Already not facing lefties, veteran 1B could face fewer righties with rookie producing
By Cody Stavenhagen
CHICAGO -- As the Phillies packed their bags and headed out of Wrigley Field on Sunday after a 7-2 loss sealed a three-game sweep at the hands of the Cubs, struggling first baseman Ryan Howard faced questions about his future in the lineup.
Howard, 36, is hitting .154, the signs of age taking their toll. Meanwhile, recent callup Tommy Joseph is hitting .286 through his first 35 Major League at-bats. Joseph's ninth-inning home run Sunday was his third, and he has RBIs in four of his past five games.
Sitting the left-handed Howard against left-handed pitchers is not a new concept. But might he begin sitting against righties, too?
"I haven't spoken to the manager about that," Howard said. "So he'd be the person to talk to. He hasn't come to me and told me anything about it, so I don't know anything about it."
Manager Pete Mackanin didn't give a plan regarding how the Phillies will handle their big-money cornerstone (Howard's contract expires at the end of the season, but he is due more than $25 million this year), but Mackanin did offer this:
"We'll just talk about it," he said. "We brought Joseph up here for a reason, to get a look at him, and I can't let him stagnate on the bench like [Darin Ruf] ended up doing, so he's going to face some right-handed pitchers to keep his timing. I don't know when the next time we're going to face a left-handed [pitcher] is, but I'm going to use him a little more often than I did with Ruf."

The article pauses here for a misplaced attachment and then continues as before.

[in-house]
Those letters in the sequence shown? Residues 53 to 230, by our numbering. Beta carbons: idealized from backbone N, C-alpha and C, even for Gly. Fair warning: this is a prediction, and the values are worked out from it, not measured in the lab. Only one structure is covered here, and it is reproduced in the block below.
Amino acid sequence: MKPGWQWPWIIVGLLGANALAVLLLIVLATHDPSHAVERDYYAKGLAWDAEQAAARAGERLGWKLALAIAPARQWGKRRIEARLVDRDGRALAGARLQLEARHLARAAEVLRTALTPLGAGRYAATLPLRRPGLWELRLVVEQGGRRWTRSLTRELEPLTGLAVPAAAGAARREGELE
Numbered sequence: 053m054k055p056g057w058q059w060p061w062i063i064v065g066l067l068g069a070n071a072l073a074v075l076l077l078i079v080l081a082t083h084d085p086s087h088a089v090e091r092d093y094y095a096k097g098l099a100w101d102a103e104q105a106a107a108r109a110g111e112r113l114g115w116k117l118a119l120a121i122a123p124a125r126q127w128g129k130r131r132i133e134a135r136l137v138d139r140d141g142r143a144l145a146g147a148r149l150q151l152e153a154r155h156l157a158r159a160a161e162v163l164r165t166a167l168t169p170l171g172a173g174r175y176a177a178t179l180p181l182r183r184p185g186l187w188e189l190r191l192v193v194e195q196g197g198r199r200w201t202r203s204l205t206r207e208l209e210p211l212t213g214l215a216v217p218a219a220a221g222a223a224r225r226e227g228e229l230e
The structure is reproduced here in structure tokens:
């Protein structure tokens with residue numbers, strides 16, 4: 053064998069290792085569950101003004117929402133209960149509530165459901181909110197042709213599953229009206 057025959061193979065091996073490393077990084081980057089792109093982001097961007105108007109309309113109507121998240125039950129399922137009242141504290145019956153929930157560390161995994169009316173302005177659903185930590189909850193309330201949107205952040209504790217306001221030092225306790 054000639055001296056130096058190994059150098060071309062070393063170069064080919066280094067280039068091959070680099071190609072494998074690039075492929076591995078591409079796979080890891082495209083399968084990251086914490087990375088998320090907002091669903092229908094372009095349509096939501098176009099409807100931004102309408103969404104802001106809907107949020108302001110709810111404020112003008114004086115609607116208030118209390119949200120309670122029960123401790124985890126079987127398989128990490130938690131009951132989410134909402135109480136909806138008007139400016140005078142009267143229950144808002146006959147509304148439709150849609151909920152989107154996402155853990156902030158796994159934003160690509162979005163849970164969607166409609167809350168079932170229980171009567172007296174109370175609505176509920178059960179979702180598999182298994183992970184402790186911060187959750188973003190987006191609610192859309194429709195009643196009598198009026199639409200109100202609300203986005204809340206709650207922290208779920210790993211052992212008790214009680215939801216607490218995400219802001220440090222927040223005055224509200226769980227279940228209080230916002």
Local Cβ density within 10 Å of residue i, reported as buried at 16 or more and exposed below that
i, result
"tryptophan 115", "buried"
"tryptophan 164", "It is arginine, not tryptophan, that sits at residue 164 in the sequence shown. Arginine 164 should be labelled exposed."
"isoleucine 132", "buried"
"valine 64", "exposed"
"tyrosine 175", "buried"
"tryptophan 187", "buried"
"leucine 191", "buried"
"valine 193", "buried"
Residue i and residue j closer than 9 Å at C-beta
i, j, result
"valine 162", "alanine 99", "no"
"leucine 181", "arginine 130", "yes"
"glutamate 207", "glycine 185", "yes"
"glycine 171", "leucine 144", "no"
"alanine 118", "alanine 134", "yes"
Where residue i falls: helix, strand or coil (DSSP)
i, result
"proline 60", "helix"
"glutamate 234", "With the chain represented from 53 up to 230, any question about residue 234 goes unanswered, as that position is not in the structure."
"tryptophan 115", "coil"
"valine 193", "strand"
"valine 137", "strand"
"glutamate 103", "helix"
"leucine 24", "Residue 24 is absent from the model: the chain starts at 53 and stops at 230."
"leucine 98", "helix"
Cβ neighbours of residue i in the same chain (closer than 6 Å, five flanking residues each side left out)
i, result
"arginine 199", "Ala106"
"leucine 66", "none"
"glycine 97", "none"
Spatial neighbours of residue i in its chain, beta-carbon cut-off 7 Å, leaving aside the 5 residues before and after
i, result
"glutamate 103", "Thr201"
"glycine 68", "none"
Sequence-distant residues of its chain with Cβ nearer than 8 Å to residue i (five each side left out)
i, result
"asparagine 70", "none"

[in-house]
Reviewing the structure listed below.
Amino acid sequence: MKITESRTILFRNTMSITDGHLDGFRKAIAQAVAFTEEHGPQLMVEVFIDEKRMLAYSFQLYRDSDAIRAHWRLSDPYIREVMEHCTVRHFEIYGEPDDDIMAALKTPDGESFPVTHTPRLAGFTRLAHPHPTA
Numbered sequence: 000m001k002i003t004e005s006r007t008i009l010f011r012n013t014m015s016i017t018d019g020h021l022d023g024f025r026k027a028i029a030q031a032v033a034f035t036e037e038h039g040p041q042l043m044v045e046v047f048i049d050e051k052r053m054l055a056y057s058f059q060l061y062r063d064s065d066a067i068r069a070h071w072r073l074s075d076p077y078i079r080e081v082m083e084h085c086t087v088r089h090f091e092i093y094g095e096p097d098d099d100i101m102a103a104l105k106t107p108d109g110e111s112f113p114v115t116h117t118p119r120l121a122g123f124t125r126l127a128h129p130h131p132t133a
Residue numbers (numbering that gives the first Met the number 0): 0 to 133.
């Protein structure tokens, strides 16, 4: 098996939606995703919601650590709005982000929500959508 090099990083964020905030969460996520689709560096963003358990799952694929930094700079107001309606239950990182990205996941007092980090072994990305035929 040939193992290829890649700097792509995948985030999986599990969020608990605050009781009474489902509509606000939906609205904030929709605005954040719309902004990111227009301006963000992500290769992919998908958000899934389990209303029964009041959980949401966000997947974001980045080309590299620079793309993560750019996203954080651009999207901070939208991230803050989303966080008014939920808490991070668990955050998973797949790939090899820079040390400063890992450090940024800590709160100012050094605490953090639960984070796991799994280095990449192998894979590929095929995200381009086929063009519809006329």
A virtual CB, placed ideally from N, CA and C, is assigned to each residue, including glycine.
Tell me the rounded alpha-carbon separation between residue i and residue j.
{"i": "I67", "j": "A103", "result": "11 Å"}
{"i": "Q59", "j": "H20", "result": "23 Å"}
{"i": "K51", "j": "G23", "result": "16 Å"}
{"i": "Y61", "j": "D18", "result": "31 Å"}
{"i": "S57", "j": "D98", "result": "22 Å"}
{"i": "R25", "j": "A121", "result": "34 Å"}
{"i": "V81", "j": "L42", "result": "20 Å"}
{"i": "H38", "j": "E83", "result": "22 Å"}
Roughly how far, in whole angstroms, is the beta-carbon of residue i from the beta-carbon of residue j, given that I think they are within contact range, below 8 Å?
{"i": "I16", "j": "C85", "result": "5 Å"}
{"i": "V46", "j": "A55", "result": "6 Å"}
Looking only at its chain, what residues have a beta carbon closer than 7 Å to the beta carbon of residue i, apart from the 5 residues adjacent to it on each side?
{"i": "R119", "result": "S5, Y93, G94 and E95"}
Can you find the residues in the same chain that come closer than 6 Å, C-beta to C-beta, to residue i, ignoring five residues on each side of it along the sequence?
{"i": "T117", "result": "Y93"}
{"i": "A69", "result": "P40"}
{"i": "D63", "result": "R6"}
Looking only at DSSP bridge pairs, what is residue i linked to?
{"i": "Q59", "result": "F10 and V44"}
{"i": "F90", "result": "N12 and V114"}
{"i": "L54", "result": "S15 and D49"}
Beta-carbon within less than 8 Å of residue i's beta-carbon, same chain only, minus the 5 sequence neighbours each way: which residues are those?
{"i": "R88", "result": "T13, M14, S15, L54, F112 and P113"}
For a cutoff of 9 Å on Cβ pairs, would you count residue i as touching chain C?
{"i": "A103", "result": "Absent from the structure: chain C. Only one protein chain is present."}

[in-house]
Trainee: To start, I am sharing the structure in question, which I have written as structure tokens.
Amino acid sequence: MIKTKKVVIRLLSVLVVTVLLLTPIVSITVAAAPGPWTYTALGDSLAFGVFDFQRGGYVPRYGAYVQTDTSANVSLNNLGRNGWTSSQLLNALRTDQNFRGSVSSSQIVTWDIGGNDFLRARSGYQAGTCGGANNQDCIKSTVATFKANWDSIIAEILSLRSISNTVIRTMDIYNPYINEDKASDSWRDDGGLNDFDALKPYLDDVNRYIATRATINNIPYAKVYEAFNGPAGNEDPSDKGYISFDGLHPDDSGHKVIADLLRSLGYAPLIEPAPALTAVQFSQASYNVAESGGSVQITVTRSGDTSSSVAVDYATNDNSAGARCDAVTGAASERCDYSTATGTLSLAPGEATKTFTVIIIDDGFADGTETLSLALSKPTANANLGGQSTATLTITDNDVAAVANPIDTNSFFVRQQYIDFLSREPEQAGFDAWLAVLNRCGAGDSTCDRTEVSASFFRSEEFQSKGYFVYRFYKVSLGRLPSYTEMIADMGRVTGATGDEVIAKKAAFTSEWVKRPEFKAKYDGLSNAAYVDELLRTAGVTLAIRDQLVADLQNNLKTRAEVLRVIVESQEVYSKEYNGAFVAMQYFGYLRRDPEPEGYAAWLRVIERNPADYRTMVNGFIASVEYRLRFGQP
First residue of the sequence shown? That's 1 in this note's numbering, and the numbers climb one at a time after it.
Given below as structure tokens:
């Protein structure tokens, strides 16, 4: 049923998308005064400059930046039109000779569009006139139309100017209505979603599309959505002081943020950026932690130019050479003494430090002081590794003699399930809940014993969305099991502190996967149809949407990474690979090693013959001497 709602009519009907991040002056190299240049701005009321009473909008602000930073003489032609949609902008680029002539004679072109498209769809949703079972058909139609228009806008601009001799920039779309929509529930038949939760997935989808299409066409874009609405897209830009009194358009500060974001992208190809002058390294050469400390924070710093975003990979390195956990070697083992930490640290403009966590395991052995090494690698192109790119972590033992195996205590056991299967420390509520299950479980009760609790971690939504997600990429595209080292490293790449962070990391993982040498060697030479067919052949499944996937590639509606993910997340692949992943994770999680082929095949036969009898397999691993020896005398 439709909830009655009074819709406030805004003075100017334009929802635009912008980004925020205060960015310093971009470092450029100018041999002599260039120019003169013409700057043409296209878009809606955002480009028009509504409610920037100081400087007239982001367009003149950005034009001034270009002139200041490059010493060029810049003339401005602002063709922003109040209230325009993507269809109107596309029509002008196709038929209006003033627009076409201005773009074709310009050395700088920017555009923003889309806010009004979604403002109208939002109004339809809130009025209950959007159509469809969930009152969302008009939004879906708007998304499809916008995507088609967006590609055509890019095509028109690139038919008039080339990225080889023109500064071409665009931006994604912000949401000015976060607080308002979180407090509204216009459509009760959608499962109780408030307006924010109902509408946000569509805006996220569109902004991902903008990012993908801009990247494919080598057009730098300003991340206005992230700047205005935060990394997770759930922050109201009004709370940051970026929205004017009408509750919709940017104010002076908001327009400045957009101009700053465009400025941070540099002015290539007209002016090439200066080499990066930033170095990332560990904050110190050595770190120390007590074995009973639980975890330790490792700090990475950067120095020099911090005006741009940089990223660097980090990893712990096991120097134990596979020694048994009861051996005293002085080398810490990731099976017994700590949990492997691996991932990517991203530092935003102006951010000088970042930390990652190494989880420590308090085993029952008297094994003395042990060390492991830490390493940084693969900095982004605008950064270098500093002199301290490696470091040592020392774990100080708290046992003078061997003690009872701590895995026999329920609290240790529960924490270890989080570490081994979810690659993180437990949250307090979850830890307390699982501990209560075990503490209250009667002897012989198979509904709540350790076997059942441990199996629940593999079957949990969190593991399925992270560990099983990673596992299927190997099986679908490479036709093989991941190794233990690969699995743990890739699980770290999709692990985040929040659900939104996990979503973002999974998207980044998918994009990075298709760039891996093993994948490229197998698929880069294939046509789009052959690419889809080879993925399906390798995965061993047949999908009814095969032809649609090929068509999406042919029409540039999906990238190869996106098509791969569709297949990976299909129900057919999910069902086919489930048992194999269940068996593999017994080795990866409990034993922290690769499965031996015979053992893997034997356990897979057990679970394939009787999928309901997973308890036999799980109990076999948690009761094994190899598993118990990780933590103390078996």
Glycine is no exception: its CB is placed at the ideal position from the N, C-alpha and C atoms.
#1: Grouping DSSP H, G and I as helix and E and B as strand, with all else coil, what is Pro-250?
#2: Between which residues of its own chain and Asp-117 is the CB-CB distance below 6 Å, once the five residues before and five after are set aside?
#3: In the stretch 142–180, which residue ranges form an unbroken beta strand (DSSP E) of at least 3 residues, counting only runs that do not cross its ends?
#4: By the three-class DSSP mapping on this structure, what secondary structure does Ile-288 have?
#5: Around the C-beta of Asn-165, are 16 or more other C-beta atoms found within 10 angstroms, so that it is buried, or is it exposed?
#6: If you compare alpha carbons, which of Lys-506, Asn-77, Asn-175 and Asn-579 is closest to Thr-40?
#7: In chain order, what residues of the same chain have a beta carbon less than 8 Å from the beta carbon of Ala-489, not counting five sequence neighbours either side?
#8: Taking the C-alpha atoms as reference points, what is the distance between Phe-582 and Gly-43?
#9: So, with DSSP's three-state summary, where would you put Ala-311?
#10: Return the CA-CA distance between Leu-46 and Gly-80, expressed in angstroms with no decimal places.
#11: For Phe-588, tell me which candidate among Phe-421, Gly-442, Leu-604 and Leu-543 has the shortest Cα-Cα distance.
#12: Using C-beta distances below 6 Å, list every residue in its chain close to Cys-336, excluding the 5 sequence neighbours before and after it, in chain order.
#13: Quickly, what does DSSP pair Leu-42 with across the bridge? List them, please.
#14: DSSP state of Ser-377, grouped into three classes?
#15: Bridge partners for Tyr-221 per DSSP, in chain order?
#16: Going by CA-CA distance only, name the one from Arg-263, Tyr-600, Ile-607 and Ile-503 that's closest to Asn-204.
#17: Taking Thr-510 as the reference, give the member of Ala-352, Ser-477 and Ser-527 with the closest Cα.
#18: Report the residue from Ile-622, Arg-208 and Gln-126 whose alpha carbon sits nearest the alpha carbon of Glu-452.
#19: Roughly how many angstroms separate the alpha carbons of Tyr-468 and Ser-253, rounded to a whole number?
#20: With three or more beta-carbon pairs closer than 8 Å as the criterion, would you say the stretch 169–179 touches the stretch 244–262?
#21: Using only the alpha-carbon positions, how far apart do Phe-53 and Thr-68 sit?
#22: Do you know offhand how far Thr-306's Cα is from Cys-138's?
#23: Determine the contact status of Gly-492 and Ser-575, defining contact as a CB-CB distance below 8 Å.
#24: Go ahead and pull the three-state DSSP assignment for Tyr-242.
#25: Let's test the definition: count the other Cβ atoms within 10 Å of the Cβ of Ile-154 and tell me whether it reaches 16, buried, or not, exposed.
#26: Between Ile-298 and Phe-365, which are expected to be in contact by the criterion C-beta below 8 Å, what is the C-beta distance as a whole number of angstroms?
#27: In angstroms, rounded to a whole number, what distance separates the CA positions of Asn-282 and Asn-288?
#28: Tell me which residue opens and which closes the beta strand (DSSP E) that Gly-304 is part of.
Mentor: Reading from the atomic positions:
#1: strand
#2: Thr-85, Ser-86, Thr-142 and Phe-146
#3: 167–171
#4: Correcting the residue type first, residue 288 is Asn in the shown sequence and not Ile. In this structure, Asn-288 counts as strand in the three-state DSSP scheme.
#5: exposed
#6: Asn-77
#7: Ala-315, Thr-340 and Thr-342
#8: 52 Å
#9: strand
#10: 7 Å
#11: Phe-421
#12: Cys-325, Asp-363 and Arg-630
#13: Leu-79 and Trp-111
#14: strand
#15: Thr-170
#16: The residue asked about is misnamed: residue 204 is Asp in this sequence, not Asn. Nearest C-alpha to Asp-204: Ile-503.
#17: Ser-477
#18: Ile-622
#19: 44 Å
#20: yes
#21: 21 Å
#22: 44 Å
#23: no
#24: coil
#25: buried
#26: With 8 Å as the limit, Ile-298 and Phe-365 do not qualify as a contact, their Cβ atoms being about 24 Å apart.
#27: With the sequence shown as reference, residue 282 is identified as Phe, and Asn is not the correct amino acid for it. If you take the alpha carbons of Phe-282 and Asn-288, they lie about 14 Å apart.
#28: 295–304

What does Howard think of that?
"I haven't heard anything about sitting more against righties. I haven't been called in the office and talked to," he said.
Howard sat Friday against Cubs left-hander Jon Lester as expected (Howard is 2-for-15 this season against lefties) and went 0-for-4 Saturday against right-hander Kyle Hendricks. Sunday, Joseph was the man at first base against right-hander John Lackey.
Was Howard surprised?
"I guess," he said. "I show up, if my name's in the lineup or if it's not. I don't make the lineup. The manager makes the lineup. I just show up."
If Howard continues to ride the bench against right-handers, how will his swing hold up?
"I don't know," Mackanin said. "We'll just have to see."
And if he is benched and that swing doesn't hold up, what will happen to his mindset?
"I don't know," Mackanin said. "I don't know how he feels. I'm pretty sure we'll talk to him and we'll see where we go from there."
If there's anything certain, it seems Joseph will continue to play, regardless of what that means for Howard and his legacy in Philadelphia.
"The important thing is we brought Joseph up here to get a look at him," Mackanin said. "If he sits on the bench for a week or 10 days and we don't get a look at him, what's the point of bringing him up?"
Cody Stavenhagen is a reporter for MLB.com based in Chicago. This story was not subject to the approval of Major League Baseball or its clubs.